There’s a little mouse in your muscle! | Sunday Observer

There’s a little mouse in your muscle!

Animals may be having their own language to communicate among themselves, but we have no way of communicating with them effectively. However, some members of the animal world have unwittingly enriched the English language. This is one reason why we should be more considerate about our dumb friends.

Animals lurk everywhere in English. Aesop’s fables, Panchathantra and many other children’s stories give prominence to animals. In fact, we identify certain animals for their qualities. The lion is brave and is the uncrowned king of all animals. The tiger is ferocious while the fox is a cunning fellow. The rabbit and the deer are timid and innocent creatures. We consider the dog as a faithful companion.

We call a brief snooze a catnap. Some of your books are dog-eared. Sometimes, we describe a fellow worker as a snake in the grass. If you describe someone as an eager beaver, you mean they are very enthusiastic about work or anxious to please other people. This is because beavers are often associated with hard work, as they spend a lot of time building shelters and dams out of mud and wood. During election times we sometimes back the wrong horse, meaning we support the wrong person. Similarly, we describe someone as a dark horse when you know very little about them, although they may have recently had success or may be about to have success.

Film buff

You call someone a buff when you find them very interested in a particular subject or activity and know a lot about it. So we have film buffs and opera buffs. If you find someone in the buff, you mean they are not wearing any clothes. As a verb, ‘buff’ means to polish something with a soft cloth. Some people go to the gym to buff up their body. Buff comes from the obsolete English word ‘buffe’ derived from the French word for buffalo. When buffaloes were abundant in the 19th century, their hide was a popular material for making coats. New York firefighters once wore buffalo-skin coats.

Sometimes, we are surrounded by bombastic people. The word has nothing to do with bombs and it does not mean loud, booming or bomb-like. Such people are simply empty, inflated and unsubstantial. The word is derived from ‘bombyx’, the ancient Greek word for silkworm. From this arose an old French word ‘bombace’ which meant another type of soft cotton padding. In English, the word ‘bombastic’ proved to be a handy synonym for overly padded, pretentious speech.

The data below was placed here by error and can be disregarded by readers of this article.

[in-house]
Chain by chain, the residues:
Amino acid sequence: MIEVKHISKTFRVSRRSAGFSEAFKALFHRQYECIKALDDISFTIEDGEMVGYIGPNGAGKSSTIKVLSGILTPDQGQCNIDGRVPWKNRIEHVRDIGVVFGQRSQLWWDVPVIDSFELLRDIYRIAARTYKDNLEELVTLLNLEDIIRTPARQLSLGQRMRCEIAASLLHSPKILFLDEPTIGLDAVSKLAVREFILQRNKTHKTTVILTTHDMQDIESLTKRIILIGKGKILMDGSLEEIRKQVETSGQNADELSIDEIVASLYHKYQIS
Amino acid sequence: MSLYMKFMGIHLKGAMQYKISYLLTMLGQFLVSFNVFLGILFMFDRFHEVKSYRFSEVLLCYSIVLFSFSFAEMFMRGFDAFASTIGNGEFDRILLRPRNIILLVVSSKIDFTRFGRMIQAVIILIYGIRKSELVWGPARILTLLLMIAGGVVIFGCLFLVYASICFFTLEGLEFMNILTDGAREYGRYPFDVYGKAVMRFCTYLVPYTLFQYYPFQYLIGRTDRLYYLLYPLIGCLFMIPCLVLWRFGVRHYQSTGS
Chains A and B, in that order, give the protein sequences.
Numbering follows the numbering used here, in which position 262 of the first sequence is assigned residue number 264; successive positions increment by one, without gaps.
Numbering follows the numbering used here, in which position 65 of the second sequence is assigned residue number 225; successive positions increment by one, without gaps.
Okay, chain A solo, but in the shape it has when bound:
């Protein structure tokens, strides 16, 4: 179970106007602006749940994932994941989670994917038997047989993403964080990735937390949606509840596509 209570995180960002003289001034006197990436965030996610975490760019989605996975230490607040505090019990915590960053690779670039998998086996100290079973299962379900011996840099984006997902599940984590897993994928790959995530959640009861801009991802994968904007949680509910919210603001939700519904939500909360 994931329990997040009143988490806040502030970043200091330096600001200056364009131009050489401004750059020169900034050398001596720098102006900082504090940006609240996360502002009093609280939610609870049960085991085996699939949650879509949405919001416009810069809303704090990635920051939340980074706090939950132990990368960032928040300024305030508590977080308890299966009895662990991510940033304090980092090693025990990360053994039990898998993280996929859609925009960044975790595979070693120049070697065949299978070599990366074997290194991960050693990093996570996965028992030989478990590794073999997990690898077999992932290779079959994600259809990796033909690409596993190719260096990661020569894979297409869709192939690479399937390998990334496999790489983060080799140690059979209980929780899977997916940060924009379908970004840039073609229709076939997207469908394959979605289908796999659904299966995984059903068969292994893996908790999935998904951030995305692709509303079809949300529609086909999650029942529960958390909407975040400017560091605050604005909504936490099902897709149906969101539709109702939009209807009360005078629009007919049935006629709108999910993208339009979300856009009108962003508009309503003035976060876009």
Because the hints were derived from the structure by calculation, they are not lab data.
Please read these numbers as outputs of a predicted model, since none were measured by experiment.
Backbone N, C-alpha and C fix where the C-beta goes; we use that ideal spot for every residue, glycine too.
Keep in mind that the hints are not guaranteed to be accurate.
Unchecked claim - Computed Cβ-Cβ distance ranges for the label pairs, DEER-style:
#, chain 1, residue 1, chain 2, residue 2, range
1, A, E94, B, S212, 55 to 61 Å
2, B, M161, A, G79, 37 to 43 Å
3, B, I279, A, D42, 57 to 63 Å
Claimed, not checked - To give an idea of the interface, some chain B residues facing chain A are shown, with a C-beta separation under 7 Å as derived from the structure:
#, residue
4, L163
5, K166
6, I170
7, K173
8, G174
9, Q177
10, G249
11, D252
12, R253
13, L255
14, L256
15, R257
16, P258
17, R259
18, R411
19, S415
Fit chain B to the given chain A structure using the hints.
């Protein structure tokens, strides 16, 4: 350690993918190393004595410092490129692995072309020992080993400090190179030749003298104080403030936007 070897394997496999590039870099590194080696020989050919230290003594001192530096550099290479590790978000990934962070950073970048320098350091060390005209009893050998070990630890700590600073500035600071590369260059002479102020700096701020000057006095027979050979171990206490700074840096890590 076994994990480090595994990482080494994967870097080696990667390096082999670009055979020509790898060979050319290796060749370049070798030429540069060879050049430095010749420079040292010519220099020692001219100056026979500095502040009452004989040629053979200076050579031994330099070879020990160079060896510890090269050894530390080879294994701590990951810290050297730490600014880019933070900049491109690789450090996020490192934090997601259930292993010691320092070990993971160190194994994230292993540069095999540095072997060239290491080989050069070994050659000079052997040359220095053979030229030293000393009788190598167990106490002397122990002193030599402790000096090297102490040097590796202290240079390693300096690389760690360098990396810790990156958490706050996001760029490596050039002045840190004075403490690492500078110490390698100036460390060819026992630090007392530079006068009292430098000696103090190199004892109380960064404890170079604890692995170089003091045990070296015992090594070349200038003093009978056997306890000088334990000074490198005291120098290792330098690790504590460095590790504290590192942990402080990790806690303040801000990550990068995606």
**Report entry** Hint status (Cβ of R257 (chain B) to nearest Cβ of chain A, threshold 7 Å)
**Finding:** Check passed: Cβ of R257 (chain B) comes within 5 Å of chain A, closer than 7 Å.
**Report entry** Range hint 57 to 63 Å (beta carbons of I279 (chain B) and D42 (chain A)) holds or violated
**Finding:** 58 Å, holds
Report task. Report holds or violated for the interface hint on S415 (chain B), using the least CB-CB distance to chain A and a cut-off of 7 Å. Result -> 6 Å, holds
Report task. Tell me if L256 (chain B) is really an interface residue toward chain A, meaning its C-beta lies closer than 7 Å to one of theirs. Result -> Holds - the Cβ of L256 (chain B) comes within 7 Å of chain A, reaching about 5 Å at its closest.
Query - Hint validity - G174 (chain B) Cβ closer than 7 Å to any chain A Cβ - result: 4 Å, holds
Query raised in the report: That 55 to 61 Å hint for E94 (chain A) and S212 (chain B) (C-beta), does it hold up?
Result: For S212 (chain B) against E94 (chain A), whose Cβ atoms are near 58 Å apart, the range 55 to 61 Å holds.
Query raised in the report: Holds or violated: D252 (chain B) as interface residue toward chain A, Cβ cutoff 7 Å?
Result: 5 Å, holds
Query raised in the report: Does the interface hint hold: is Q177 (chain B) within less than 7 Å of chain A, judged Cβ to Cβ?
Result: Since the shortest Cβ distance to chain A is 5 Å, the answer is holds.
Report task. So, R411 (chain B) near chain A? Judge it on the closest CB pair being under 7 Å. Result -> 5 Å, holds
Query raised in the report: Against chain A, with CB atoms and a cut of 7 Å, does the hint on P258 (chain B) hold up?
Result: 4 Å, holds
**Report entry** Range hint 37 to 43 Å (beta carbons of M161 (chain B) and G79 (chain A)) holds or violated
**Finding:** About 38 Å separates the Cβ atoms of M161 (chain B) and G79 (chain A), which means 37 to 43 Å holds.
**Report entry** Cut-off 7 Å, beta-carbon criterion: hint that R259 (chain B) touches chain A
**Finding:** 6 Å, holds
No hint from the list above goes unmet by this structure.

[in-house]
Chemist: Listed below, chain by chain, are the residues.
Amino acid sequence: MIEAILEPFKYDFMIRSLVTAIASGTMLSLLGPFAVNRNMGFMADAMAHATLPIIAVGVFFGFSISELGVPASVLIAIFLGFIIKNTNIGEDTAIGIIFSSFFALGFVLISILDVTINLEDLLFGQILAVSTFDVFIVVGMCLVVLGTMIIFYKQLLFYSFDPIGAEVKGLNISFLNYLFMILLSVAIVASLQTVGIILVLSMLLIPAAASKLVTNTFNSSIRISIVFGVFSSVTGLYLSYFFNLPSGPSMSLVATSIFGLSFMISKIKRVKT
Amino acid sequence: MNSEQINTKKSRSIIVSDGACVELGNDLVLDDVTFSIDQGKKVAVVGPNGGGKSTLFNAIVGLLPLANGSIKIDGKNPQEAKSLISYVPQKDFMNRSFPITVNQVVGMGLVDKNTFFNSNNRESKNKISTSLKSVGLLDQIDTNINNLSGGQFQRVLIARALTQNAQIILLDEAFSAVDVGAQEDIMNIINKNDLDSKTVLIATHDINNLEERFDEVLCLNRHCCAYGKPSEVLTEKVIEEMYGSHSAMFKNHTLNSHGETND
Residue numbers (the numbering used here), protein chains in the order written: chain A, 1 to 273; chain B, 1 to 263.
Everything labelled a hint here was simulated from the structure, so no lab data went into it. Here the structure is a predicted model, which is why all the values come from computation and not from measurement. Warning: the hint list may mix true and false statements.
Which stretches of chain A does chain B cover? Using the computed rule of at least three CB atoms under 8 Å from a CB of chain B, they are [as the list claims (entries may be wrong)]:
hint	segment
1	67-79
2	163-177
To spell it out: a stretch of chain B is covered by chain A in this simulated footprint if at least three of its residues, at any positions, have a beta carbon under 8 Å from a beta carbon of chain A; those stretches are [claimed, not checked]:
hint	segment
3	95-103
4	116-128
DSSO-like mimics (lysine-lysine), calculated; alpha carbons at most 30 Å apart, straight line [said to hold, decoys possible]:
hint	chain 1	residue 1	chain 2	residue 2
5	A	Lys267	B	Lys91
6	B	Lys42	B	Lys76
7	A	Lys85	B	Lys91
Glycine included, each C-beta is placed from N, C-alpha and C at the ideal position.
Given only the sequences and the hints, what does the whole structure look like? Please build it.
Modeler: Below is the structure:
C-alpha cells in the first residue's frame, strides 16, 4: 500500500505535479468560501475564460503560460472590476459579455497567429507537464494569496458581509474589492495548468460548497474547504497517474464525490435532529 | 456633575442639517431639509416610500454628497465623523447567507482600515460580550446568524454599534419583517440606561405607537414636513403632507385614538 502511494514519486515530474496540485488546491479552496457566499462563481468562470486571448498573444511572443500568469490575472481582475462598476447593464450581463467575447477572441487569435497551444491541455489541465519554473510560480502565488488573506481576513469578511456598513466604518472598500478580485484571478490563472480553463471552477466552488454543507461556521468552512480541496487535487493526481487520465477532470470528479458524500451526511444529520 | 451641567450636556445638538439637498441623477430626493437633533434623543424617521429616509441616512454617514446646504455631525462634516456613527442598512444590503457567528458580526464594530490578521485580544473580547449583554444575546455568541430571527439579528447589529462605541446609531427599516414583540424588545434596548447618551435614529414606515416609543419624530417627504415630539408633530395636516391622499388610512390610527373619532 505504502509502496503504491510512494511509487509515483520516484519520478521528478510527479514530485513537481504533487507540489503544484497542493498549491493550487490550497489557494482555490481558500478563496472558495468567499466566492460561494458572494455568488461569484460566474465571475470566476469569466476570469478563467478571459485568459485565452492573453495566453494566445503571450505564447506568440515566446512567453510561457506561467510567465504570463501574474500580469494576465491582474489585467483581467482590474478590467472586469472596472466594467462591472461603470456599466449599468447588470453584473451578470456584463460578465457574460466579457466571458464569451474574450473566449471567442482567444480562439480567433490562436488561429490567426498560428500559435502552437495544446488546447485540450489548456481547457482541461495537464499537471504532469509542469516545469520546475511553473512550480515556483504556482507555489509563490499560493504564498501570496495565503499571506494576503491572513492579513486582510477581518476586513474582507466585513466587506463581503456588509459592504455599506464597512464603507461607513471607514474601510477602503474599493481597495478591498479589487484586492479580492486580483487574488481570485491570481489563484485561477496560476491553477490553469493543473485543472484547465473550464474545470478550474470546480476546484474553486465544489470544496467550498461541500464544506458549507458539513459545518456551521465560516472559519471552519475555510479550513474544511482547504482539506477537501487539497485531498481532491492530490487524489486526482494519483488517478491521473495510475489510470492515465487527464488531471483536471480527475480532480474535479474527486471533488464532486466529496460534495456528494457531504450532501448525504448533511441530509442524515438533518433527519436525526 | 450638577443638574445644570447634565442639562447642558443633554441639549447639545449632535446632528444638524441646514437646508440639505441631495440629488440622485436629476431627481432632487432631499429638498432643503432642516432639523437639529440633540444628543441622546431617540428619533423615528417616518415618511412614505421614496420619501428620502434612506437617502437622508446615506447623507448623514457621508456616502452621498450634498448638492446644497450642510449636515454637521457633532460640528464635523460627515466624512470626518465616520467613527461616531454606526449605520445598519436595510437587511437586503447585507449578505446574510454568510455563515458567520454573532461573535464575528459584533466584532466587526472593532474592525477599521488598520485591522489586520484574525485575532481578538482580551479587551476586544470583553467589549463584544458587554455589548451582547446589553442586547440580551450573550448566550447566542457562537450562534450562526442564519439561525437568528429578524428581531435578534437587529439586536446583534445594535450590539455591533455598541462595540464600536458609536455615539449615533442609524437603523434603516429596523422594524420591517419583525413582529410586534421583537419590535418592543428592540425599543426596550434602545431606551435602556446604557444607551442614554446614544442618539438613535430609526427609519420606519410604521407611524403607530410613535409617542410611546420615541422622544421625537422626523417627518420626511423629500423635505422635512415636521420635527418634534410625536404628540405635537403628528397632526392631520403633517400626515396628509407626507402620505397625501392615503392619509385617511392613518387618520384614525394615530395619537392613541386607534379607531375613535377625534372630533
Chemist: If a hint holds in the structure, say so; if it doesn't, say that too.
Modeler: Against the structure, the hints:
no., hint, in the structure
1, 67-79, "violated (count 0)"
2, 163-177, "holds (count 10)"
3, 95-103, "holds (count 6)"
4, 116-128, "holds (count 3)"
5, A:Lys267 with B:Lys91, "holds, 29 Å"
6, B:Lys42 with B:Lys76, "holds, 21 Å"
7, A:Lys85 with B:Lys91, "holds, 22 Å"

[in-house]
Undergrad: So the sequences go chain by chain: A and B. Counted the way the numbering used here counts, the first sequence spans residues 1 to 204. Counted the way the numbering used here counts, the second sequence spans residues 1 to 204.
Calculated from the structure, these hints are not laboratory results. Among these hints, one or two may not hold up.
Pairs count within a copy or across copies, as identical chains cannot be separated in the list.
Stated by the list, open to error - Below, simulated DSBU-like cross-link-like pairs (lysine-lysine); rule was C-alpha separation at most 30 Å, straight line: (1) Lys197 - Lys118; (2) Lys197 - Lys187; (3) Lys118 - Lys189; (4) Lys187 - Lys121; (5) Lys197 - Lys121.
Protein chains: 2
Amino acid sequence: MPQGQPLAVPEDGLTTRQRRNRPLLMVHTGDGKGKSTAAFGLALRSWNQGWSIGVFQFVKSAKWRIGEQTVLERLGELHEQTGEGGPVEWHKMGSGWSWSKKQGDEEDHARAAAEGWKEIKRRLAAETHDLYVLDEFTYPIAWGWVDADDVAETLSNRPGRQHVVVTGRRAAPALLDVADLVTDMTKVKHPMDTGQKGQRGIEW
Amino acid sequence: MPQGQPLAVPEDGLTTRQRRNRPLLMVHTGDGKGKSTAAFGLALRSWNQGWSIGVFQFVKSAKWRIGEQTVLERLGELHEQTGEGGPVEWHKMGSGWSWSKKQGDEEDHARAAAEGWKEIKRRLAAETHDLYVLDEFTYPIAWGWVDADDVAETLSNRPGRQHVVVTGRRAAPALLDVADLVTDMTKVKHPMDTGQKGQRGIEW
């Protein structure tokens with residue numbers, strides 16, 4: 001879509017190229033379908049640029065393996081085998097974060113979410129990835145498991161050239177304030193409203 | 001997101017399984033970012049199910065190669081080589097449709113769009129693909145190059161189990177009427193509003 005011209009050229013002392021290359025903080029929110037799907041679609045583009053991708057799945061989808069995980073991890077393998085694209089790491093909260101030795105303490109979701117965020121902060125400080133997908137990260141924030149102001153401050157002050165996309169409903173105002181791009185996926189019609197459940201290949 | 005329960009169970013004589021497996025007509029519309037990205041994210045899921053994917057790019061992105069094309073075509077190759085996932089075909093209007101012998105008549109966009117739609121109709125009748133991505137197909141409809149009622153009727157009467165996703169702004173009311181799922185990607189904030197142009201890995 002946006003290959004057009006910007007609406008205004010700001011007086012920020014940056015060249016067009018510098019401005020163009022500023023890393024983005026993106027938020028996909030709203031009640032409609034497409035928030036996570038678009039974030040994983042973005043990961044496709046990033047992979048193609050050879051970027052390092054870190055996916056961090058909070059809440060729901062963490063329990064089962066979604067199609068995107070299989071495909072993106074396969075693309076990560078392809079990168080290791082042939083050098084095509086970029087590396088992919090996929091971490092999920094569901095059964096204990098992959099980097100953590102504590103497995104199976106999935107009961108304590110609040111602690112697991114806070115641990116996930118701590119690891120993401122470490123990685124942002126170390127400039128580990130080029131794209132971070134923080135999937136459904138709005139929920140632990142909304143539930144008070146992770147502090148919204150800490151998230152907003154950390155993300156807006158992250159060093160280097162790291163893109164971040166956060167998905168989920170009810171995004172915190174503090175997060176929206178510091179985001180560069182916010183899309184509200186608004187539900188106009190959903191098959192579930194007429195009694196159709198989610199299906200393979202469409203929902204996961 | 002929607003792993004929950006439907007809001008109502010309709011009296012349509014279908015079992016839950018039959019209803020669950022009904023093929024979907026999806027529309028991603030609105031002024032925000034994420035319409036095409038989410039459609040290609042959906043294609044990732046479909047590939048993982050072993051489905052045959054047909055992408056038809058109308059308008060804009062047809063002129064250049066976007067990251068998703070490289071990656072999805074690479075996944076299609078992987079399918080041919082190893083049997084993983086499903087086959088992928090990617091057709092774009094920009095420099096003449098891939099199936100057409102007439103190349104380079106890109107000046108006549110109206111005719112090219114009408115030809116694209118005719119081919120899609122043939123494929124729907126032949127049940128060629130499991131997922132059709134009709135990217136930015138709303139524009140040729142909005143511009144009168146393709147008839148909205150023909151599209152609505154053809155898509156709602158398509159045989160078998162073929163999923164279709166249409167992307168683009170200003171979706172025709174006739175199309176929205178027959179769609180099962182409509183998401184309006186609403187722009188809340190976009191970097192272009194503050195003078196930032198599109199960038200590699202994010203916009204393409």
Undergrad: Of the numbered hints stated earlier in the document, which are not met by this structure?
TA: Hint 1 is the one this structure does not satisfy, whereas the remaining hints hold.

We are quite familiar with the word ‘asparagus’ which is a plant whose succulent young shoots are eaten as a delicacy. Asparagus was popularly known as ‘sparrow grass’ as if eaten by or otherwise favoured by sparrows. However, the word evolved as a learned name for what was rather a delicacy, not just a grass for sparrows.

If you are a music buff, you will know the meaning of ‘catgut’. It is a cord made from the dried intestines of an animal and used for stringed instruments. Catgut is indeed made from ‘gut’, but certainly not that of a cat.

The usual animal source is the sheep, although the gut of horses and donkeys has been used. The origin of ‘cat’ is something of a mystery. It is tempting to think that there may even have been a reference to ‘caterwauling’ from the sounds produced on violin strings by amateur players.

Most of us erroneously believe that the centipede has 100 legs. Of course, it has lots of legs. Some centipedes have 100 legs, but most do not. The number of legs can vary from 15 pairs of legs to 190. The word ‘cent’ is not exactly 100 but simply ‘a large number.’ A former name for the centipede in English was ‘forty-legs.’

We use the adjective ‘chubby’ for someone who is plump. We also see ‘chub-cheeked’ and ‘cub-faced’ boys and girls. The origin of the word is quite interesting. It comes from the European ‘chub’, a dusky green, white-bellied river fish notable for its obese appearance. English speakers have been using the word since the 17th century.